It is the cowardice that causes you to blame someone else or something else. It is cowardice that makes you point fingers. So Khaya, in a sea of cowards you are the biggest one. Don’t just point one finger at yourself as the rest point at the world, let them all point at you and look within the inner coward, Mr Good Reasons. Yes, I am Mr Excuses, Mr This Is Why It Can’t Be Done, Mr This Is Why I Can’t Do it. How about just being Mr Just Do It?
What is it about cowardice that you find so much more attractive than courage? Surely failure should be the ugliest girl in the club? Why go to the ugliest girl in the room when I know that I want the prettiest girl?
Maybe success and achieving one’s goals is as frightening as failure. It is also possible that you are so accustomed to seeing failure and mediocrity that we accept second best. We don’t mind being the co-star instead of the star; winning bronze instead of gold. The acceptance of second best has become too commonplace. We see it everywhere; second rate everything, even second rate second rates.
The reason for this is that we are too good at having great reasons as to why we can’t do what we should do, what we must do in order to shine and be our better selves. Our reasons for not doing are often of sound logic and make sense, but at the end of the day, reasons are just a good name we give to excuses.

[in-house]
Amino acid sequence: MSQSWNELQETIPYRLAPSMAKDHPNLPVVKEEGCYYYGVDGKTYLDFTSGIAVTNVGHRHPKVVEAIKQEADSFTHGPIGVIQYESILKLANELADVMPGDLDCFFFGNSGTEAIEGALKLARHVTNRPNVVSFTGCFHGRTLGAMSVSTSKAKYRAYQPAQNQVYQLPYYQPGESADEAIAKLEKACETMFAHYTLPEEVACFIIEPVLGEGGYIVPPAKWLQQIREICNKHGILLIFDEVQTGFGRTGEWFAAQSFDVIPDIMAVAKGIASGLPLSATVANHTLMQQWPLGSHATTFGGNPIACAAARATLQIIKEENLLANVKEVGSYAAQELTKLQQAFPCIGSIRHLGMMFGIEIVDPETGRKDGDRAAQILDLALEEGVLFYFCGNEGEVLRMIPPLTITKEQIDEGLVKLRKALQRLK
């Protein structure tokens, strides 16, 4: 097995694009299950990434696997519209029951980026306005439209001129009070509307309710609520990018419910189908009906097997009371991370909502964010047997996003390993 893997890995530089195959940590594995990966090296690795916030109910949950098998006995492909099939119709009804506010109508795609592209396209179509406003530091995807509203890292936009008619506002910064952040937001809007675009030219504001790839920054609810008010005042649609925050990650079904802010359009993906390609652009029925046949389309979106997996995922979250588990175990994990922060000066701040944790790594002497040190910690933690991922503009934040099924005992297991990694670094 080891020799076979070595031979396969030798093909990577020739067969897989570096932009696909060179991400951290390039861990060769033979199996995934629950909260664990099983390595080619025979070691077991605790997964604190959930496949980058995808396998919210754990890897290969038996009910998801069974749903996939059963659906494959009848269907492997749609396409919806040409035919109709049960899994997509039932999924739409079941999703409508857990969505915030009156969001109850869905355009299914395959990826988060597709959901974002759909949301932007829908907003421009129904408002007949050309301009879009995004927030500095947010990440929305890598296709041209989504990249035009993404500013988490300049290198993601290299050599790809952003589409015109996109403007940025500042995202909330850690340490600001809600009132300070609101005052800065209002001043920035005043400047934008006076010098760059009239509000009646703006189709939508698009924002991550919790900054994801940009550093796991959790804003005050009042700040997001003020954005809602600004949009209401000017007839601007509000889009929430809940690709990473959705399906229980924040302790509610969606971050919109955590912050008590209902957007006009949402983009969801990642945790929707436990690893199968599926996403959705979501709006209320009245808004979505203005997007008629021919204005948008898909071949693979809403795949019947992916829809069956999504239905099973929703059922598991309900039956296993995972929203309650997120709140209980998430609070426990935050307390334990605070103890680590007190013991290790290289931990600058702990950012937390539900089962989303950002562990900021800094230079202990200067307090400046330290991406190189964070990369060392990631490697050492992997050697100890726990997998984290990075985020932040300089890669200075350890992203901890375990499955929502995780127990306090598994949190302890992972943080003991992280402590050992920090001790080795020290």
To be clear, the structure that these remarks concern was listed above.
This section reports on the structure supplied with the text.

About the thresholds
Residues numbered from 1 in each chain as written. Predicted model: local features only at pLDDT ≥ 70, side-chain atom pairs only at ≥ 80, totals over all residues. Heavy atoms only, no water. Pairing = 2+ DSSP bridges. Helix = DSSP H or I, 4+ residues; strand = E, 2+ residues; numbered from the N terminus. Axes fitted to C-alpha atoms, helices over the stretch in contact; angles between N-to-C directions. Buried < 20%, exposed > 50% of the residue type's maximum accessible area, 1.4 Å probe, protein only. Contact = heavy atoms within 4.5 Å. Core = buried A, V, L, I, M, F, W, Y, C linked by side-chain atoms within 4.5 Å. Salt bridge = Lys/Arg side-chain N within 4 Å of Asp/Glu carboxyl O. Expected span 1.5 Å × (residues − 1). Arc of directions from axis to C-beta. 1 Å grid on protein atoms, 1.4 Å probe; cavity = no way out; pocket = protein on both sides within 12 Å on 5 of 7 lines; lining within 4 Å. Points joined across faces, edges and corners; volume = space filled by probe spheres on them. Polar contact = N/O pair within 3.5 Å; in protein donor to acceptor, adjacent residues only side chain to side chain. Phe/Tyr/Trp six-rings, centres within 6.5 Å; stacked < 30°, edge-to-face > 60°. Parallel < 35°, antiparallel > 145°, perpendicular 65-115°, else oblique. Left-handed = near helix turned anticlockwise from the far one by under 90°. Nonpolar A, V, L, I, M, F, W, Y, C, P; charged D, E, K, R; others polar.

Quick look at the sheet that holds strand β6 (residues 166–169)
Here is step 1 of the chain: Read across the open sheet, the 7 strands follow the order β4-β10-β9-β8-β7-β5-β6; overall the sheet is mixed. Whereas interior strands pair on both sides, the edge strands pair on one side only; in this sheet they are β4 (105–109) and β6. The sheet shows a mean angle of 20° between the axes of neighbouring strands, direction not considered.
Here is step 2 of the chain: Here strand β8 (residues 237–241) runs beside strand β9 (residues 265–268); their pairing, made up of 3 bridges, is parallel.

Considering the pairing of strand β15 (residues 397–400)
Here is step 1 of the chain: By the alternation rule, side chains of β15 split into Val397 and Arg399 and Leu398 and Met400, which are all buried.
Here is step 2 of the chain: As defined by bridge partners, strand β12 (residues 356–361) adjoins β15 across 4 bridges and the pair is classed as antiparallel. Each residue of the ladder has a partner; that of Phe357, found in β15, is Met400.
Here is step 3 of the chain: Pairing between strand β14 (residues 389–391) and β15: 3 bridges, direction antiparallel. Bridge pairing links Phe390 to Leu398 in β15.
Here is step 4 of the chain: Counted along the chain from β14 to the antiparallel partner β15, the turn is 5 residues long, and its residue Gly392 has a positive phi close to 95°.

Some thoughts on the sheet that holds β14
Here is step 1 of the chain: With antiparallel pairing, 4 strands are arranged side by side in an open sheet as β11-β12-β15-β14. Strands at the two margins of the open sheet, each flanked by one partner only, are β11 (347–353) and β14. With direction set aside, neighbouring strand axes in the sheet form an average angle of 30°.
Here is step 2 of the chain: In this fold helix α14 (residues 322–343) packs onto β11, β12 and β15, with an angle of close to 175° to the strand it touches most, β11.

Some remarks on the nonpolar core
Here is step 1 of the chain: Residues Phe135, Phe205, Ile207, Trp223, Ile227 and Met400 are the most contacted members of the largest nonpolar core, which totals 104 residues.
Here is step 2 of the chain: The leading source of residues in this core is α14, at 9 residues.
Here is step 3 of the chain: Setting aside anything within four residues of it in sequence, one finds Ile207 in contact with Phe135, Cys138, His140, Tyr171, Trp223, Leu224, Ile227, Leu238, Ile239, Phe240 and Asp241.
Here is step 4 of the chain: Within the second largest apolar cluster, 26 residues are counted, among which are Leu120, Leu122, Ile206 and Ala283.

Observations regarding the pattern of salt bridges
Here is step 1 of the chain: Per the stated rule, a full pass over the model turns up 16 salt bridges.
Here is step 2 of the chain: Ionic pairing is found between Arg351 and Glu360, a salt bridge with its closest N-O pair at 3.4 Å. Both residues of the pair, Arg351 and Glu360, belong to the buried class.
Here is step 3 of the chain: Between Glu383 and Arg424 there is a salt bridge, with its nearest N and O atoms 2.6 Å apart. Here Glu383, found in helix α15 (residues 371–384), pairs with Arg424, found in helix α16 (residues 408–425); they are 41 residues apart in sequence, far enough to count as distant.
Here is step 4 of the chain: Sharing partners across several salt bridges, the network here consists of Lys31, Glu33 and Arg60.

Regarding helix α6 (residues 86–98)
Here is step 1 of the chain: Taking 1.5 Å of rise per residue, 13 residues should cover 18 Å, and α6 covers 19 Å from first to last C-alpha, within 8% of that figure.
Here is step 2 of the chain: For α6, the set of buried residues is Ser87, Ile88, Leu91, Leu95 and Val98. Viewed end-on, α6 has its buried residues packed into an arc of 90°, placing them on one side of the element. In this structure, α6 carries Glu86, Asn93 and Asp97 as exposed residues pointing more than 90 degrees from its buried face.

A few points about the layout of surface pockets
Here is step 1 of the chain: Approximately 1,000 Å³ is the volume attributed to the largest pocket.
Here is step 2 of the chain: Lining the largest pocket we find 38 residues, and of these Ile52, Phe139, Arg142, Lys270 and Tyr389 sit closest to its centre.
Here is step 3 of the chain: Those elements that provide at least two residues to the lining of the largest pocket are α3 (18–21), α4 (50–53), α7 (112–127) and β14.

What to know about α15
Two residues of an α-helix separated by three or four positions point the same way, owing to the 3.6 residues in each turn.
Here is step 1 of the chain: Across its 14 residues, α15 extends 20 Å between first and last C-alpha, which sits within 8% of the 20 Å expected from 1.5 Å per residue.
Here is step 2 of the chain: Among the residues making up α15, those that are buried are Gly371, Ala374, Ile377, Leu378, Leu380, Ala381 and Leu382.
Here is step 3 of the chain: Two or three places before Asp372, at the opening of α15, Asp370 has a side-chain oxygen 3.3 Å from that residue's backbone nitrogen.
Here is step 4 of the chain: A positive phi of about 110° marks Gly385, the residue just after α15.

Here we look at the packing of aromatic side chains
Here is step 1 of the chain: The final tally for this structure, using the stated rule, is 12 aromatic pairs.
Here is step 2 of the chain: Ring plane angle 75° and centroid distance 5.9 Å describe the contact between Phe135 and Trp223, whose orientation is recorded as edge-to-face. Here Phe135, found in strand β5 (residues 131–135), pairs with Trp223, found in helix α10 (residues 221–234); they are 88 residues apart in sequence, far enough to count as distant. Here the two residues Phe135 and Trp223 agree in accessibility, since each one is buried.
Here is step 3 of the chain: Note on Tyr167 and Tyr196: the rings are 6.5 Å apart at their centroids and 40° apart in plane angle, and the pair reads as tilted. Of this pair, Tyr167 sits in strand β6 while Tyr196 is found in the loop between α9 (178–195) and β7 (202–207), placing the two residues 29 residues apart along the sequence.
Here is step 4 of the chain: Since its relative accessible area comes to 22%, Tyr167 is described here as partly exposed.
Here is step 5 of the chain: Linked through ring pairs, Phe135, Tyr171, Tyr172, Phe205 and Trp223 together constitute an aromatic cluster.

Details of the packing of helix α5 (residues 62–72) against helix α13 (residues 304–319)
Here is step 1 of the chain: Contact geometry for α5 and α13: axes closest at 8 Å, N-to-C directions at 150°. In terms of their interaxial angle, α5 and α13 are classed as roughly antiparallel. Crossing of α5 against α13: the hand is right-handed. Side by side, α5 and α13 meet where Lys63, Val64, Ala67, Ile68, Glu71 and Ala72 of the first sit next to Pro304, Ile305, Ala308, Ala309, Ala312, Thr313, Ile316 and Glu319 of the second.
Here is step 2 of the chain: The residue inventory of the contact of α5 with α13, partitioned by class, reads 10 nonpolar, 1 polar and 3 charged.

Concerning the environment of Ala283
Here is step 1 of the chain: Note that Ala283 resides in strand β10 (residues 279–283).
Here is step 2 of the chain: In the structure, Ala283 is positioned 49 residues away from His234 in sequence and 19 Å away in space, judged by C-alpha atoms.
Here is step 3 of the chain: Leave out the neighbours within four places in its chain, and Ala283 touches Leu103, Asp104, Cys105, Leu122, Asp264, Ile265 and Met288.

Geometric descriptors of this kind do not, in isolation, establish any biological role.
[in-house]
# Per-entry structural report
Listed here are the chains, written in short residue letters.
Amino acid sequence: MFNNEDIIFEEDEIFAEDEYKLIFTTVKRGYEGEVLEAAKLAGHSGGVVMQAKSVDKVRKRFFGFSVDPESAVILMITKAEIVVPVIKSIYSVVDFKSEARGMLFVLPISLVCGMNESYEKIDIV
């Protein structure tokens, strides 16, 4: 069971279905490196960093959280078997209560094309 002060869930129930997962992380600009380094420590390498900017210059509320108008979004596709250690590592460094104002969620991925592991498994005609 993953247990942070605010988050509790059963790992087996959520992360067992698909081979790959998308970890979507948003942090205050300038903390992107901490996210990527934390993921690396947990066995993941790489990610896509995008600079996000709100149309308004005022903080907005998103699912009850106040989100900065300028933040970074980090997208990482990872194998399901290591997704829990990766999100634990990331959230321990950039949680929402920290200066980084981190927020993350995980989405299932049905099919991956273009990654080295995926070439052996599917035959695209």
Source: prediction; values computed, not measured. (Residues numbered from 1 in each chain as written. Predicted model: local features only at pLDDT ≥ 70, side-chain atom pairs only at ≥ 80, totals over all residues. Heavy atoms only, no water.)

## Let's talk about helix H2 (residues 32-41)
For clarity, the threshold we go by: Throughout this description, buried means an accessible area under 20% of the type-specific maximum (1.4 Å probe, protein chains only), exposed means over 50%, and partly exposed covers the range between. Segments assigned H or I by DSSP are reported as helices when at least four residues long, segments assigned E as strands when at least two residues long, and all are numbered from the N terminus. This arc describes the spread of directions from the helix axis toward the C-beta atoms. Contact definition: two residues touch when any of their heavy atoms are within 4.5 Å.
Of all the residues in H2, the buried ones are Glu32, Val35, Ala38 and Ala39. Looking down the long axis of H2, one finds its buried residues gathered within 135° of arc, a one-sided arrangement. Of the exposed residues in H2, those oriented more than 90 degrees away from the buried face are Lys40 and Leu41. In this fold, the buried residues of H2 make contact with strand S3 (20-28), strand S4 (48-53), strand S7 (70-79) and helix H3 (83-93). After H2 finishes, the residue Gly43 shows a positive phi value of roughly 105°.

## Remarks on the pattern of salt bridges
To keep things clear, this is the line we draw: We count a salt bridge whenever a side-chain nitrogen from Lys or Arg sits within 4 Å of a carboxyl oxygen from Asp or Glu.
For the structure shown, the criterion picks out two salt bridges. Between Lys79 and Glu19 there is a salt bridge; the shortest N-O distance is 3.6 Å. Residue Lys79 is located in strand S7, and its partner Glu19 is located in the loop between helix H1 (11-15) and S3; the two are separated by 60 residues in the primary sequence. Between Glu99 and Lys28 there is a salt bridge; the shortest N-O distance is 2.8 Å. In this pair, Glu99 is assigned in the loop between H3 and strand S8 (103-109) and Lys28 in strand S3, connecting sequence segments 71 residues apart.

The greatest excuse of all: “What will people think of me if I decide to pursue this dream that I have?” The tragedy is that people won’t think anything of you if you don’t. Yet they will think the world of you when you succeed and make it. There is no failing. The only failing is not trying. Who cares if you don’t make it? At least you would have tried and given it the shot you have.
Courage is not in the big things we achieve. Courage lives in the small decisions. Courage is not in the running in order to lose weight, it’s in the decision to wake up 30 minutes earlier, put on your shoes and start running.
You could dismiss this as Oprah pop psychology or you could really look at yourself and ask yourself some tough questions about why you are still where you are when you know where you could be. Maybe this is Oprah pop psychology but Oprah has titanic achievements so I’m not about to dismiss it.
What if you stopped saying “if”?
And if only
What if you never say “what if” except to ignite your imagination?
What if you turned your “what if” into action?
What if you act and not stop at "what if"?
What if you became great instead of imagining it?
What if someone acts on your “what ifs”?
Act on your “what ifs” before someone else does.
So Khaya, are you going to be a coward, or are you going to make a lot of small courageous decisions?
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